Newton’s first law of motion states that, “a body continues to be in a state of rest or in a state of uniform motion in a straight line unless acted upon by an external unbalanced force.”
Don’t our lives also work similarly? We get so comfortably entrenched in our way of life that when the need of the hour is to start something new, it takes a huge amount of (unbalanced) force to make us overcome our inertia. Now this may be applicable to anything. It may be starting a new course, starting a new business or job or a new life as a spouse or parent. (In fact, starting this blog today itself involved overcoming a lot of inertia. After all I give prime importance to T.V., YouTube and Saavn music.) But is this force always good? All forces have an impact. This is that impact that may make or break the rest of our journey; that may strengthen us further or rip us apart. So how do we ensure that we make this force our strength? How do we ensure that in this new thing that we have started, things won’t go wrong and spiral out of control? How do we ensure that Midas touch to our newly begun journey?
The day had dawned when the zygote of a new doctor had come into existence. Well, I mean, that was the first day of my M.B.B.S. course at the Grant Government Medical College. That college which was seeing its 170th year. That college which had its own secrets no less that any castle or monument. That college where the famous movie Munnabhai M.B.B.S. was made. That college from where both my parents studied their undergraduate and postgraduate medical courses.
My parents loved their alma mater from the bottom of their hearts. From the legendary professors that oozed royal vibes to that cutting chai in Shetty’s canteen. But the highlight of their college life was their group of friends that they made here and the bond has remained just as strong ever since. So my parents were more keen on me making friends than me scoring well.
On the first day of college (what I call as the day of creating impressions) I wore my best top, a pretty bracelet, and donned my jeans (something which you will never get to see. Yes, that’s right. I don’t wear jeans. :-p). Travelling by train alone for the first time, I went to college. On reaching the anatomy hall, I went to talk to a group pf girls (among those 199 unknown faces that I am to spend 5 and ½ years with). I wondered how many would actually be my friends. I thought that, that group of girls would be my friends for the rest of the course. On the second day however, to my utmost horror, people who didn’t know one another a day before, were now standing in groups and the group of girls I spoke to seemed to just have dissolved. These groups became even tighter the next day and on the day after that, they began to go for lunch together. It was becoming increasingly difficult for me to make friends and a voice inside me said, “What if I don’t make friends at all?” And that was the beginning of my phase of depression.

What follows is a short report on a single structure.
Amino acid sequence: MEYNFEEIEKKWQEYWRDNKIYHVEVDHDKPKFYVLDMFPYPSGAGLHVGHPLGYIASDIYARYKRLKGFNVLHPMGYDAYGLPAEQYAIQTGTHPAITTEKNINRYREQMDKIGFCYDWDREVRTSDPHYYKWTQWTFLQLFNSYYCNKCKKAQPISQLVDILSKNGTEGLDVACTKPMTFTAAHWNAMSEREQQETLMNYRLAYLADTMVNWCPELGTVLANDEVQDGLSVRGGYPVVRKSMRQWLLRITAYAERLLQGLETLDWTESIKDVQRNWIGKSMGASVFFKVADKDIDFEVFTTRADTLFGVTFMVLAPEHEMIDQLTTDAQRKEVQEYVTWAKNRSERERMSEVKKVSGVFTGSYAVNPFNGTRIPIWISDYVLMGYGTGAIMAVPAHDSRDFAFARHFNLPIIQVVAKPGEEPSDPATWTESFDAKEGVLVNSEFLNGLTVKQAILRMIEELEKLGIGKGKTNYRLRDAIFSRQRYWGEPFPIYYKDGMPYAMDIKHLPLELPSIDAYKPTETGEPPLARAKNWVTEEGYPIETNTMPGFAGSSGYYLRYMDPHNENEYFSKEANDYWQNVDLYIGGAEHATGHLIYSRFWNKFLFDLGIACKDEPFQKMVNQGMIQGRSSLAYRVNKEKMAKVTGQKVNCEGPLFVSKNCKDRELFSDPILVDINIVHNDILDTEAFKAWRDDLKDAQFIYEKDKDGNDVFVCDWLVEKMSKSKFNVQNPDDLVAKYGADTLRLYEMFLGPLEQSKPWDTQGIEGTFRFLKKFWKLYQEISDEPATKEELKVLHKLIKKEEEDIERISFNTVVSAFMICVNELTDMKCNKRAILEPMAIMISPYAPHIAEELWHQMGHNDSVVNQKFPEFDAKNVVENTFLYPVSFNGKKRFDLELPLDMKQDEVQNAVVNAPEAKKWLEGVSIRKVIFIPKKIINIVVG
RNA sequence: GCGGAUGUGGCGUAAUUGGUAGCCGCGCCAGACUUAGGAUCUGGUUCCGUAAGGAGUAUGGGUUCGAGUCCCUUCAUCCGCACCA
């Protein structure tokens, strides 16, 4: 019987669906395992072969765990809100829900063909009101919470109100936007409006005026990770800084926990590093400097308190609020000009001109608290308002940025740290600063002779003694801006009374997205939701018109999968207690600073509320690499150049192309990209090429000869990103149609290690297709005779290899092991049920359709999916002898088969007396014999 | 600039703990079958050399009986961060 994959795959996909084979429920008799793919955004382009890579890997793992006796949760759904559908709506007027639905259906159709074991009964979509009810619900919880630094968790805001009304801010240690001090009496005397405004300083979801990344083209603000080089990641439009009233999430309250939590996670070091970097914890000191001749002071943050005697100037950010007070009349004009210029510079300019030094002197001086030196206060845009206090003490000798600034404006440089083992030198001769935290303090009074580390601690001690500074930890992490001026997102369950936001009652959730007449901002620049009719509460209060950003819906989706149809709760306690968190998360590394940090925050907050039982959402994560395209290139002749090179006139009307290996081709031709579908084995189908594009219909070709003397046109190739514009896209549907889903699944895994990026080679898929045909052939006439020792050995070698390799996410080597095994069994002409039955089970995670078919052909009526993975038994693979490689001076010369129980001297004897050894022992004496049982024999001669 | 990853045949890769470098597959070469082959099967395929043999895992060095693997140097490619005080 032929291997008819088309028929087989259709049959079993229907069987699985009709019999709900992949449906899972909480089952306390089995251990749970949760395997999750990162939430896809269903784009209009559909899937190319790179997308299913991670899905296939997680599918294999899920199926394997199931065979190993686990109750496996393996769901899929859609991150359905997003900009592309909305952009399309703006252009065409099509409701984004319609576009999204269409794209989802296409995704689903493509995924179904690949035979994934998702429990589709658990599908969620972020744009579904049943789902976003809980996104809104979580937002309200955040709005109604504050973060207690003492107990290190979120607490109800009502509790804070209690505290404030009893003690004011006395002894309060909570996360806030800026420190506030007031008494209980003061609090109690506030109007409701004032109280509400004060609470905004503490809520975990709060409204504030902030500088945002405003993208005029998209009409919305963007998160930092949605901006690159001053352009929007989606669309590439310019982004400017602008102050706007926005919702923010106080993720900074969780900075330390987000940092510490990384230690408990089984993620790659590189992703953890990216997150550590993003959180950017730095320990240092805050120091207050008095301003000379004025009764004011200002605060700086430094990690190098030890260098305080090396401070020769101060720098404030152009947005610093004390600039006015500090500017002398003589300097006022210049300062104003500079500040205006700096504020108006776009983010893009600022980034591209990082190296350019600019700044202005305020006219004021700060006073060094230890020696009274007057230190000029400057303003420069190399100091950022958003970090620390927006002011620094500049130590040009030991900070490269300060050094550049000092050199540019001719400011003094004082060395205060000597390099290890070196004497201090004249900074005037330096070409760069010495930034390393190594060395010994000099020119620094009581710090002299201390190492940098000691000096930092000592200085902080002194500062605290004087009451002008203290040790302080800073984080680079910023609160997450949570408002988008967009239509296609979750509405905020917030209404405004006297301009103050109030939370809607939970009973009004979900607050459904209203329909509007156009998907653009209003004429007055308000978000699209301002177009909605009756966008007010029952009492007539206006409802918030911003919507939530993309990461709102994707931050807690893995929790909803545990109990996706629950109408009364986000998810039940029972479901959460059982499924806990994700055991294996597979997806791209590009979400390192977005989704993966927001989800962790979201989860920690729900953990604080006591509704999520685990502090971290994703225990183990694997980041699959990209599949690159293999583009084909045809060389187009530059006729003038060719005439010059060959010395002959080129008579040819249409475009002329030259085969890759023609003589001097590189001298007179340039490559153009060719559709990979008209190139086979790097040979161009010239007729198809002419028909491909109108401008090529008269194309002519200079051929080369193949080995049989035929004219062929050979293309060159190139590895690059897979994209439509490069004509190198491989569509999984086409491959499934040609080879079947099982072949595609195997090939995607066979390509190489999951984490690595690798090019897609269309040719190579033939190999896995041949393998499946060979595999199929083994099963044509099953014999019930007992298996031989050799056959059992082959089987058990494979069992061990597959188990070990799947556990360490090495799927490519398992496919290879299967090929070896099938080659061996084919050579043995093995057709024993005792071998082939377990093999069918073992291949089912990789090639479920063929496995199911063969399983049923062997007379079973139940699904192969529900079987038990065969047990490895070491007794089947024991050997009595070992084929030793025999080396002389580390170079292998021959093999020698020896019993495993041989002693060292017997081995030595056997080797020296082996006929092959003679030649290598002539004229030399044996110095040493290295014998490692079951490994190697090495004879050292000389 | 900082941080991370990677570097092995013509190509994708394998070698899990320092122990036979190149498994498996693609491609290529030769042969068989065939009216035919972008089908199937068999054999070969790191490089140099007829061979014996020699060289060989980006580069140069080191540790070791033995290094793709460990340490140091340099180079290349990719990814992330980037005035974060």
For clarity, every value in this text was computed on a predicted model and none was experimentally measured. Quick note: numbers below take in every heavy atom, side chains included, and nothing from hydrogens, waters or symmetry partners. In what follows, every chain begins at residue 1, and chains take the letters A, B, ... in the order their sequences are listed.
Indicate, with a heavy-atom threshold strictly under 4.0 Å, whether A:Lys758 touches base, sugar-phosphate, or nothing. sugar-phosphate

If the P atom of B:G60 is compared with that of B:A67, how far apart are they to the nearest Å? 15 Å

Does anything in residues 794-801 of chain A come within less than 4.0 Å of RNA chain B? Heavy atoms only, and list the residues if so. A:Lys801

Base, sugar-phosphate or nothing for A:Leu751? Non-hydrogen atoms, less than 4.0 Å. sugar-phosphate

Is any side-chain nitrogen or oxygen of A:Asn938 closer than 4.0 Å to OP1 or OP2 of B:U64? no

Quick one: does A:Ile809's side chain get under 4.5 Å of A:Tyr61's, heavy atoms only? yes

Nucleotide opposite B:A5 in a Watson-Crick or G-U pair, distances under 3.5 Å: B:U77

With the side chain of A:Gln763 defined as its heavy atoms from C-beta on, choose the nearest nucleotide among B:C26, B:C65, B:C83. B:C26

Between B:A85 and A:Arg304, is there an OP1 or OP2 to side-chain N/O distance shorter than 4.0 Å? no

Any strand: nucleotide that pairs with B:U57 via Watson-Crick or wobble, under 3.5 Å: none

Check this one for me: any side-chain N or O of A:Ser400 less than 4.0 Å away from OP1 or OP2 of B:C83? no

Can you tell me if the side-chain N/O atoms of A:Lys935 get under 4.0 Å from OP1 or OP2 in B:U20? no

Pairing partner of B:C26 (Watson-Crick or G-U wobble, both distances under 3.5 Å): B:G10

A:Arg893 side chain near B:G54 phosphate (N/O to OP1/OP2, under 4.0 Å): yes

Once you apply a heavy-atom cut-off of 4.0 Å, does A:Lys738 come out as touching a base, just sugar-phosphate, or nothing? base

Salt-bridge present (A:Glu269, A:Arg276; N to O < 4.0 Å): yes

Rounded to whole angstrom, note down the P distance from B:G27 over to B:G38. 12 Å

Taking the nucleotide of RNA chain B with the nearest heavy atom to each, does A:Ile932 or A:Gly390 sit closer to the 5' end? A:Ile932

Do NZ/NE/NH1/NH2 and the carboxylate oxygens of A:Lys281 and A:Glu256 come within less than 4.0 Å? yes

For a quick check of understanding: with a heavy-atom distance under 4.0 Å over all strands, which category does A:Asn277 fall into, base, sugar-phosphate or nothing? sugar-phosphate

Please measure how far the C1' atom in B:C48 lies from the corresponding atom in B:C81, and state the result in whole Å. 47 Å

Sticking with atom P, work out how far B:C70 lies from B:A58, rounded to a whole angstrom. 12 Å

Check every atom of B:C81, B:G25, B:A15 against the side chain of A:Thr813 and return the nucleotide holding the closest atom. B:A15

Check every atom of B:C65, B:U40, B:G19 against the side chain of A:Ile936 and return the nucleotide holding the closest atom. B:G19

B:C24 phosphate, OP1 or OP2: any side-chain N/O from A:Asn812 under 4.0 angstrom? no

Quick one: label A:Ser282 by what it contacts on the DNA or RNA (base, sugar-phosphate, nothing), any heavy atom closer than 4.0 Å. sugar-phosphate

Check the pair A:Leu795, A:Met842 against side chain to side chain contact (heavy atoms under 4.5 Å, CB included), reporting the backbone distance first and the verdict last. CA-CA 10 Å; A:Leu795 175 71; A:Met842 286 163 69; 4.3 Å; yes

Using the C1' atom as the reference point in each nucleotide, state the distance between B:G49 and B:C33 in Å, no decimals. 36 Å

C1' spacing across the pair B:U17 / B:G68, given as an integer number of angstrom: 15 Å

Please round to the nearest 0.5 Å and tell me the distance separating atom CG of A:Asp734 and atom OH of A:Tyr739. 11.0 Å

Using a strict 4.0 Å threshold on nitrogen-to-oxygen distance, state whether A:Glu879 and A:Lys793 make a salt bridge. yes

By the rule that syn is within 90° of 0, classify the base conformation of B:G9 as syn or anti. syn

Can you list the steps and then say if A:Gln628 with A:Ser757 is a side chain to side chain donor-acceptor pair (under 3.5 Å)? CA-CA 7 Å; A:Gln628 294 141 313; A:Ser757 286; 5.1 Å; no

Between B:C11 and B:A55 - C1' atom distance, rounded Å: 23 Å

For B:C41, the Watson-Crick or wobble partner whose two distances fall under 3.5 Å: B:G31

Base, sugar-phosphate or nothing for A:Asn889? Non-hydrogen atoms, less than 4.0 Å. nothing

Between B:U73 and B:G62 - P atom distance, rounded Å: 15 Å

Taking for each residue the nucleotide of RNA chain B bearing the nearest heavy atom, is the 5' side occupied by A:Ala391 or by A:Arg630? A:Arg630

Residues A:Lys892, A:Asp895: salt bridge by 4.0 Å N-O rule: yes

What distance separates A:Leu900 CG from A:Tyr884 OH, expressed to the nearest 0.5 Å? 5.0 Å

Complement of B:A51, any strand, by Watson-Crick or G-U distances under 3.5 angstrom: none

To my disdain, that was not it. Talking about the study part, after all it’s medicine. I remember that first anatomy LCD (Lecture Cum Demonstration), where the teacher held the clavicle bone in her hand and addressing those curious faces who knew nothing more than biceps muscles and knee joint, she began, “This is the site of attachment of the sternocleidomastoid and this is the region of articulation of the acromioclavicular joint. Above that the teacher had a slurred speech and sternocleidomastoid sounded like senokidostoid. Also, she never mentioned whether it was a muscle or a ligament or a scientist ;-p. I began to seriously doubt my caliber besides suffering from a mild attack of HIPPOPOTOMONSTROSESQUIPEDALIOPHOBIA (fear of long words).
Lost in the turmoil of these problems and the apparent inability to cope up with studies, keeping my composure and fighting back tears was a Herculean effort. After all, how do you tell your parents that the thing you achieved after a tiring struggle is not meant for you? Above that my friends from other colleges claimed that they did not face the same problem. And as if that was not enough, the train journey that I was not so used to, seemed to drain the rest of my energy. Life had become hell and I contemplated giving up.
On the tenth day of college however, things took a different turn. We were having Janmashtami celebrations in our college and we had 2 hours to kill after college before the celebration. I was wondering how to spend these hours, so I approached a group of my classmates and the next thing I know is that I’m going for an impromptu outing to Marine Drive with them. Ten people,to whom I spoke for the first time, shared a Cannon pav-bhaji and innumerable selfies with me.
That is when I confided my fears in a girl in that group about my inability to make friends. To this she replied, “You think these are groups? The reason people stay in groups is just because they have to; because they fear it may not be easy to make friends once groups are formed; because they feel they may not be accepted later; because they face the same fears as you do.”
That was my moment of enlightenment under the Bodhi tree. I realized that change is a difficult process. I realized that it’s just time that I need. Time to help me adjust. Time to relieve my stress and heal my wounds. Time to understand my subjects. Time to make friends. And above all, I realized that I am perfectly normal.
As for the study part, to my utmost relief, my tiny little part exam also went well, convincing me that medicine is my home after all and if not that, it’s definitely not an alien world that would bombard me with incomprehensible rocket science. And you know what, I have a close knit group of friends as well.
The force that I applied on my life to break the inertia seemed to hurt me initially but time proved to be a great healer. After all, doesn’t every beautiful shoe, when new, give a shoe bite?